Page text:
Send the link below via email or IMCopy
Present to your audienceStart remote presentation
- Invited audience members will follow you as you navigate and present
- People invited to a presentation do not need a Prezi account
- This link expires 10 minutes after you close the presentation
- A maximum of 30 users can follow your presentation
- Learn more about this feature in our knowledge base article
Lean on Me film analysis---Marxist Perspective
Transcript of Lean on Me film analysis---Marxist Perspective
Michael E. James Jr.
EDLR 608: School and Society Lean on Me Conflict Theory Class Consciousness Final Thoughts... Joe Clark vs. The State, ISA's, and their attempts at establishing hegemony
Many of the previous statements can be seen in the following video clips.
Objectives In an effort to critically analyze the film Lean on Me, I will examine aspects of the movie from the perspective of a Conflict Theorist. Synopsis Morgan Freeman plays the controversial Joe Clark, a tough, harsh principal who is given a seemingly impossible task by Superintendent and old friend, Dr. Frank to reform Eastside High School, in Paterson, NJ.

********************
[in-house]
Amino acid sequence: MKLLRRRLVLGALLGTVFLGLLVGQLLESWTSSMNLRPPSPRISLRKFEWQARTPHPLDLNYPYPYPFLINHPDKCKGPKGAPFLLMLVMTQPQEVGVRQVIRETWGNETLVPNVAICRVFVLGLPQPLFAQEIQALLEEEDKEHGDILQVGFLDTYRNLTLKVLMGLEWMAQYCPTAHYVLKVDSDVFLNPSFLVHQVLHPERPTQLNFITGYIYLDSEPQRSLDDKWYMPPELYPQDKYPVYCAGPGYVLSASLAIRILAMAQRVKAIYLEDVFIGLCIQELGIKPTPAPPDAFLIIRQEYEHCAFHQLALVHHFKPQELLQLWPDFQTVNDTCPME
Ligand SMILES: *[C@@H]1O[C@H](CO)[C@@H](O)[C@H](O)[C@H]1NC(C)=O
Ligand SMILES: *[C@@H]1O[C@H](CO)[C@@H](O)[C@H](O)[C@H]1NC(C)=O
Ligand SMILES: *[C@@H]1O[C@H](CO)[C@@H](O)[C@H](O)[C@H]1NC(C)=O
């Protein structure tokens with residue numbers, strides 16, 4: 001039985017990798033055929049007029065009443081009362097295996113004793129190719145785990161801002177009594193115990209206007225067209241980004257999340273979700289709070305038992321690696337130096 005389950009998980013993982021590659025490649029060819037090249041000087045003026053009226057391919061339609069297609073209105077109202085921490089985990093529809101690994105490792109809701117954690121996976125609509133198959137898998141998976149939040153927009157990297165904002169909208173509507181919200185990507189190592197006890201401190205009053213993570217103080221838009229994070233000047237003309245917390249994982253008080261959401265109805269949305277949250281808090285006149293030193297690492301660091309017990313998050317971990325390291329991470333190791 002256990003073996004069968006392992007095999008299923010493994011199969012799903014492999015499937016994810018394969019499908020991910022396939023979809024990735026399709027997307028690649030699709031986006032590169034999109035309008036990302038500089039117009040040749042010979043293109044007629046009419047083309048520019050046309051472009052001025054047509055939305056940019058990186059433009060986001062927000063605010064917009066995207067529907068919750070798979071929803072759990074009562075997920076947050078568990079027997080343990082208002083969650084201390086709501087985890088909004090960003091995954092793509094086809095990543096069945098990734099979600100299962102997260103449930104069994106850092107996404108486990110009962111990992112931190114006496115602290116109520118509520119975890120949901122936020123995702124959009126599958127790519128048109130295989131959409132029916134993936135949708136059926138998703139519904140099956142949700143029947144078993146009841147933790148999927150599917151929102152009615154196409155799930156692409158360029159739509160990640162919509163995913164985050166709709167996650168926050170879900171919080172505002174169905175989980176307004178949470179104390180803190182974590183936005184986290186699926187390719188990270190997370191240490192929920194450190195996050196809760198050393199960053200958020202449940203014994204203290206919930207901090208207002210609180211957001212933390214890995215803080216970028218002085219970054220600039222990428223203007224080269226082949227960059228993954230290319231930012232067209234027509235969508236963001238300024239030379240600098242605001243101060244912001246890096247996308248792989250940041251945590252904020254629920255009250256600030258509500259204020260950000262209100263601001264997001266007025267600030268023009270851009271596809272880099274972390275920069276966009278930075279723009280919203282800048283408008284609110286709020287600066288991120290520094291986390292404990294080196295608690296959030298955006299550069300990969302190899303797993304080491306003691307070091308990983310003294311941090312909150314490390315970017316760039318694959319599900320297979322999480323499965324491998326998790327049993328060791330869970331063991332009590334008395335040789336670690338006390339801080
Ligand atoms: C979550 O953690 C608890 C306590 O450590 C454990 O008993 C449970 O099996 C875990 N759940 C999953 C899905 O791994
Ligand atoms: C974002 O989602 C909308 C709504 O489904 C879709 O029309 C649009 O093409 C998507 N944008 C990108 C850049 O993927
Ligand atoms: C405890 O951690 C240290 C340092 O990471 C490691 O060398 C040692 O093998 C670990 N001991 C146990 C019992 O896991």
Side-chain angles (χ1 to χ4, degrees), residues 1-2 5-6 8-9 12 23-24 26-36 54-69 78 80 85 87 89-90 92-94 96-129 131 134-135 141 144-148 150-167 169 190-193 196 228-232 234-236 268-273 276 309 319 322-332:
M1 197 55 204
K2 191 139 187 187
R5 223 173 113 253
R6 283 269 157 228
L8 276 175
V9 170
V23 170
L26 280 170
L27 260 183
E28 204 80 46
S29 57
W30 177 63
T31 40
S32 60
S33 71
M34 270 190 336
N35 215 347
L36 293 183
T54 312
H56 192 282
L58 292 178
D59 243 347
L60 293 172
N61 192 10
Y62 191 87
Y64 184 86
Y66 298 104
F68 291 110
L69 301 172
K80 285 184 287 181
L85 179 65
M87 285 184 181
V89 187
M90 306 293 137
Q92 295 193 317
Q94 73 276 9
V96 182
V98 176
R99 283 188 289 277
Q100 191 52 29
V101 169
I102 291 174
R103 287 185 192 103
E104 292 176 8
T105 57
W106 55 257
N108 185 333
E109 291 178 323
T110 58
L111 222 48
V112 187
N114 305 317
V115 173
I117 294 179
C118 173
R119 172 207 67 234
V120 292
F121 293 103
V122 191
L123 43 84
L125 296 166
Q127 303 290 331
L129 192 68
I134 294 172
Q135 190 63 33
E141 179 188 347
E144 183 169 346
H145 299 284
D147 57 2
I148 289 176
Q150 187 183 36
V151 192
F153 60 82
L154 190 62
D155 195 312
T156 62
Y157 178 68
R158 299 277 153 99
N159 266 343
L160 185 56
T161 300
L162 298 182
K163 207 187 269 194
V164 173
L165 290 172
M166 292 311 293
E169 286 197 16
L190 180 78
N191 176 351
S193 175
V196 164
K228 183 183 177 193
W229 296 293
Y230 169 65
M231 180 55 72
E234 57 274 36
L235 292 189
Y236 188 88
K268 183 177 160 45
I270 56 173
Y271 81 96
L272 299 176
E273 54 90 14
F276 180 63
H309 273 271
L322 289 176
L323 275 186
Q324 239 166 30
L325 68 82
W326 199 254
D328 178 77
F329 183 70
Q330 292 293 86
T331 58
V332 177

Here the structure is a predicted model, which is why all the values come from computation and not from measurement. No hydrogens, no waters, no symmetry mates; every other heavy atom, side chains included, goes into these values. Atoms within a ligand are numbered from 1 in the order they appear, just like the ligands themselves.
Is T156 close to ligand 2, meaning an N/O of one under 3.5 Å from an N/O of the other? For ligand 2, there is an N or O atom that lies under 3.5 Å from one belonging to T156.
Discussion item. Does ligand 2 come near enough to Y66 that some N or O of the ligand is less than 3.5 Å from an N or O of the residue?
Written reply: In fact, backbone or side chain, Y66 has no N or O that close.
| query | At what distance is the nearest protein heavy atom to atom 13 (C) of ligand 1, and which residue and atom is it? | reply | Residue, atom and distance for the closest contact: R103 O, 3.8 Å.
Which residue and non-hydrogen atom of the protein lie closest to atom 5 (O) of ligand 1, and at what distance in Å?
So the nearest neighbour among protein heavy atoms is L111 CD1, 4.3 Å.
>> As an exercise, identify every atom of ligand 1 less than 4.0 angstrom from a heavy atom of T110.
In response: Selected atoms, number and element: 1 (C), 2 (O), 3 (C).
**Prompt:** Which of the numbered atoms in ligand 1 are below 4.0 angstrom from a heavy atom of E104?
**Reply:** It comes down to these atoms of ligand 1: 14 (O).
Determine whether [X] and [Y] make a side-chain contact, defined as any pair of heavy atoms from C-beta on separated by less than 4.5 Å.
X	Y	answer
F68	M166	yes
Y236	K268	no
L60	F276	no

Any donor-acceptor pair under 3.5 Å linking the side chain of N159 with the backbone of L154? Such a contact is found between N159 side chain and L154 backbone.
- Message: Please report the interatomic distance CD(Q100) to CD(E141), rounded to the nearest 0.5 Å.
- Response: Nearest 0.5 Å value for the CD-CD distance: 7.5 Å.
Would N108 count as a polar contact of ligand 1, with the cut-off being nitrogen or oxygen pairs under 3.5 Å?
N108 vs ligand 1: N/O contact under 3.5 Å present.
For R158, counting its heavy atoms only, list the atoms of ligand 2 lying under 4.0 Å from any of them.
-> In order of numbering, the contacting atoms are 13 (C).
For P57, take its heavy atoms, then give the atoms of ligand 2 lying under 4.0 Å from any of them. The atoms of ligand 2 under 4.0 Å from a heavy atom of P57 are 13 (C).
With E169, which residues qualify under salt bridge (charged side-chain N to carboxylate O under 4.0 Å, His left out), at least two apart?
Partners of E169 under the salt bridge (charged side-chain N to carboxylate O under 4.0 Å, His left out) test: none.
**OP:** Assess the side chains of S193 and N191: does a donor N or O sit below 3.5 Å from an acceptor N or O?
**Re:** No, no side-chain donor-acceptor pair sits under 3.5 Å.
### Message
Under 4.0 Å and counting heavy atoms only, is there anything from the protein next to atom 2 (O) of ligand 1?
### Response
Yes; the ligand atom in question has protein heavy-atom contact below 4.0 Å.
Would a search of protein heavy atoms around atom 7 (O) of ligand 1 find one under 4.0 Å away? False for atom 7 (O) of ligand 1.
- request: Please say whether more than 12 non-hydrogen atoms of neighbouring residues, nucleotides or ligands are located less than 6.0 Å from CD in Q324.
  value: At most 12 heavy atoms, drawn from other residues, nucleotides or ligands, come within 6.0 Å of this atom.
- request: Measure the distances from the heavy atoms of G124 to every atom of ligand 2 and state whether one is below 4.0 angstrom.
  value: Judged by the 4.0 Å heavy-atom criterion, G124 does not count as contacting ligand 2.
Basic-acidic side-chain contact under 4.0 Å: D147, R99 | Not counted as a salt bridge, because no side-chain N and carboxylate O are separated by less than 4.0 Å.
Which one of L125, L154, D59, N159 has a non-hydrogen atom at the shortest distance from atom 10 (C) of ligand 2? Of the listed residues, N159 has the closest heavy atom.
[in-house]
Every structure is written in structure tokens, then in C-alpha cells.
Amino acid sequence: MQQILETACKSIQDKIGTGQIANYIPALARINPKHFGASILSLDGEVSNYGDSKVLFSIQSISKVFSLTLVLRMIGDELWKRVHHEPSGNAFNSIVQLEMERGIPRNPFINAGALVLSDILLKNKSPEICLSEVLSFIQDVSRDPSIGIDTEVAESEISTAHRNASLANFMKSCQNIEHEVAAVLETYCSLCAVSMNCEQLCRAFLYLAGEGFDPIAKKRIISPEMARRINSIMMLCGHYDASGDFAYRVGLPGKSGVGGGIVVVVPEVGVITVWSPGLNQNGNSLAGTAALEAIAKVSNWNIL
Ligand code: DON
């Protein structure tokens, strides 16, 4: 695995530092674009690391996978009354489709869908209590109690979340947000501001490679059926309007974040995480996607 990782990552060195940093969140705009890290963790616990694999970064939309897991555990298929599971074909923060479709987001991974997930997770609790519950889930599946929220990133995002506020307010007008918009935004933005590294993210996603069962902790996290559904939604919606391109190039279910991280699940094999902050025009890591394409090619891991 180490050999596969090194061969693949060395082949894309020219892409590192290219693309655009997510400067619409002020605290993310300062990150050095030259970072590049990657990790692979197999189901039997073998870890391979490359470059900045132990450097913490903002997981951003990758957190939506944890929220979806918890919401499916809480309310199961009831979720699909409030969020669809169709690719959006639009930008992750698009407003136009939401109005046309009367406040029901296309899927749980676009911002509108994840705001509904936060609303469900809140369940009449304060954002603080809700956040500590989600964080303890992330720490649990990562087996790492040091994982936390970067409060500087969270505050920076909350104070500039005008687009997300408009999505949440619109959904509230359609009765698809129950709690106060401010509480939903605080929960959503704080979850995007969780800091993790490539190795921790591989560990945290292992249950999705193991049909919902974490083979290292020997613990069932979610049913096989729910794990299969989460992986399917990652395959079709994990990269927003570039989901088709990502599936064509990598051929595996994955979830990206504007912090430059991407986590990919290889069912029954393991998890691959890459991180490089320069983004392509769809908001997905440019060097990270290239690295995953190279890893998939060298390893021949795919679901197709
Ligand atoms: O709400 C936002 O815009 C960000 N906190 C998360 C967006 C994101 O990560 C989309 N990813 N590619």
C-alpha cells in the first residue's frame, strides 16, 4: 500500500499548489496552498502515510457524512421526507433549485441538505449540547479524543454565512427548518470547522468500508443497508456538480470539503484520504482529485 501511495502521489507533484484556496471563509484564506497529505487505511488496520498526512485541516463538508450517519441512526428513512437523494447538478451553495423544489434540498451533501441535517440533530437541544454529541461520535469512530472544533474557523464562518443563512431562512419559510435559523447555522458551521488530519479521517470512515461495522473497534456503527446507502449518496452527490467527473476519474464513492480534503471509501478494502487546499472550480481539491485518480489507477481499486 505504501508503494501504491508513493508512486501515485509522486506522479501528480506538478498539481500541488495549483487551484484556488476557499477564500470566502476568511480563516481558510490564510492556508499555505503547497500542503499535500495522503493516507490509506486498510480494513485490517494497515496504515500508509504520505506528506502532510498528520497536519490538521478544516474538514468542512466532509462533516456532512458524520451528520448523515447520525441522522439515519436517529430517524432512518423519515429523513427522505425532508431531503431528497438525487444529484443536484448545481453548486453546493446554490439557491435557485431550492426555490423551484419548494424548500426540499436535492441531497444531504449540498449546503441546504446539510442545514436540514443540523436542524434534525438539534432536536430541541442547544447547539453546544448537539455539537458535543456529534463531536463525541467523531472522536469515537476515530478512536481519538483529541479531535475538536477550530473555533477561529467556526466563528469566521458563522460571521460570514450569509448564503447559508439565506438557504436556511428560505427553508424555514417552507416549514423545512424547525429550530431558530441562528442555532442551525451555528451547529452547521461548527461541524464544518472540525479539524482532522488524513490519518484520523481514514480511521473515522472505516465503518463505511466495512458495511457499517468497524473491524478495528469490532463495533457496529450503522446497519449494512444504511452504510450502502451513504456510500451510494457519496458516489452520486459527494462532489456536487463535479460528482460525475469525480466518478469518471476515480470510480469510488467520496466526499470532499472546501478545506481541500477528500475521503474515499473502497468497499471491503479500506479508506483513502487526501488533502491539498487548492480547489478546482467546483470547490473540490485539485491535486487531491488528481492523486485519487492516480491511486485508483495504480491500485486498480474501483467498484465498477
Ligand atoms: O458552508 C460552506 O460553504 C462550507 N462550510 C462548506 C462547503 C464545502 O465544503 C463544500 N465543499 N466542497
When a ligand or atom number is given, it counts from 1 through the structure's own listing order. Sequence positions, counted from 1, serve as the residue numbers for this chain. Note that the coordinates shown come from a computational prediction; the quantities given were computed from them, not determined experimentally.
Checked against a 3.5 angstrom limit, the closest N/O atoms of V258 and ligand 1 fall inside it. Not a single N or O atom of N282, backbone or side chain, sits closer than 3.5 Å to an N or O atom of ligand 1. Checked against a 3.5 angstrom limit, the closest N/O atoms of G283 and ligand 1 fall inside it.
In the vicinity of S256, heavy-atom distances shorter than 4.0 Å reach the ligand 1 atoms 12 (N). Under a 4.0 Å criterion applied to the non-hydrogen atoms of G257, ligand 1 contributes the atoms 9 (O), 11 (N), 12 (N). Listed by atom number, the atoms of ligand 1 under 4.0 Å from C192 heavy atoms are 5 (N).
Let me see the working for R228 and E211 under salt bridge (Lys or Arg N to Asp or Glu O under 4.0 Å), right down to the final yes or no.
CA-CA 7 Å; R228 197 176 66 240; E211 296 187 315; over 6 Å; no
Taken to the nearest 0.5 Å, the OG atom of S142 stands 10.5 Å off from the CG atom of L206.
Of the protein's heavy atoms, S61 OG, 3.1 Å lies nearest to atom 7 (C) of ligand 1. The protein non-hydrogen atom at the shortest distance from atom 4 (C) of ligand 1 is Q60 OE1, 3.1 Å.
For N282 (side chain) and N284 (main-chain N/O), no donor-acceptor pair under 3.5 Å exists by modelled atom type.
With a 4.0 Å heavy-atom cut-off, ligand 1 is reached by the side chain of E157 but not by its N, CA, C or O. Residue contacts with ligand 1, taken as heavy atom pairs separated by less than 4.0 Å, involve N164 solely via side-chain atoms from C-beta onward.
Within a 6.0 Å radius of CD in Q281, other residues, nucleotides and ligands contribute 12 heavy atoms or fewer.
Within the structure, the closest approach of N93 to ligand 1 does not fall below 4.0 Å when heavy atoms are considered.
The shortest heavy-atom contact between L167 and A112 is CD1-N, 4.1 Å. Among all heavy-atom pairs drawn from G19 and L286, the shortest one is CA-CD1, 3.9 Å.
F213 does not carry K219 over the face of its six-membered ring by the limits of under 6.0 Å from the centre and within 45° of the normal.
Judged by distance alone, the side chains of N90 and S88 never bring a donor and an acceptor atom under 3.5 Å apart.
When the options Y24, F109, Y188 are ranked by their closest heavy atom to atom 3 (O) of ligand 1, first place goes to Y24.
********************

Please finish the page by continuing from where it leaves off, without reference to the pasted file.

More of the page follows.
Eastside High School, considered the worst school in New Jersey, was a hotbed for delinquent kids and drug dealers. Such characteristics were responsible for the State of New Jersey threatening to take control of Eastside away from the local school board.
Joe's challenge throughout the film is to straighten out Eastside in time to get their basic skills tests scores up. On his way to accomplishing said tasks, his dictatorial approach and strategies push many of his staff and members of the community away; much to the displeasure of the powerful opposition. "Derived from Marxist scholarship, conflict theorists believe that the driving force in complex societies is the unending struggle between different groups to hold power and status." (Feinberg & Soltis, 2009, p. 41).
The schools play an instrumental role in making sure that the privileged class remain the benefactor of social reproduction of the economic and political status quo, giving way to the illusion of opportunity, equality, and neutrality (Feinberg & Soltis, 2009, p. 41).
The following video clip does an excellent job highlighting the aforementioned. In the end, all of Mr. Clark's efforts and unconventional methods for gaining student, staff, and community compliance pay off as the students of Eastside High demonstrate proficiency on the Basic Skills Assessment.
By achieving such results, Joe shows us that even as one person we still have the power to effect change in the thoughts and actions of others on a large scale. In addition, this film does a great job of presenting the sociological obstacles that are hurdled in the process. Points of Discussion 1) What is Conflict Theory?
2) The lack of Class Consciousness among the Student Culture.
3) Joe Clark vs. The State, ISA's, and their efforts to induce Hegemony throughout the student and community culture.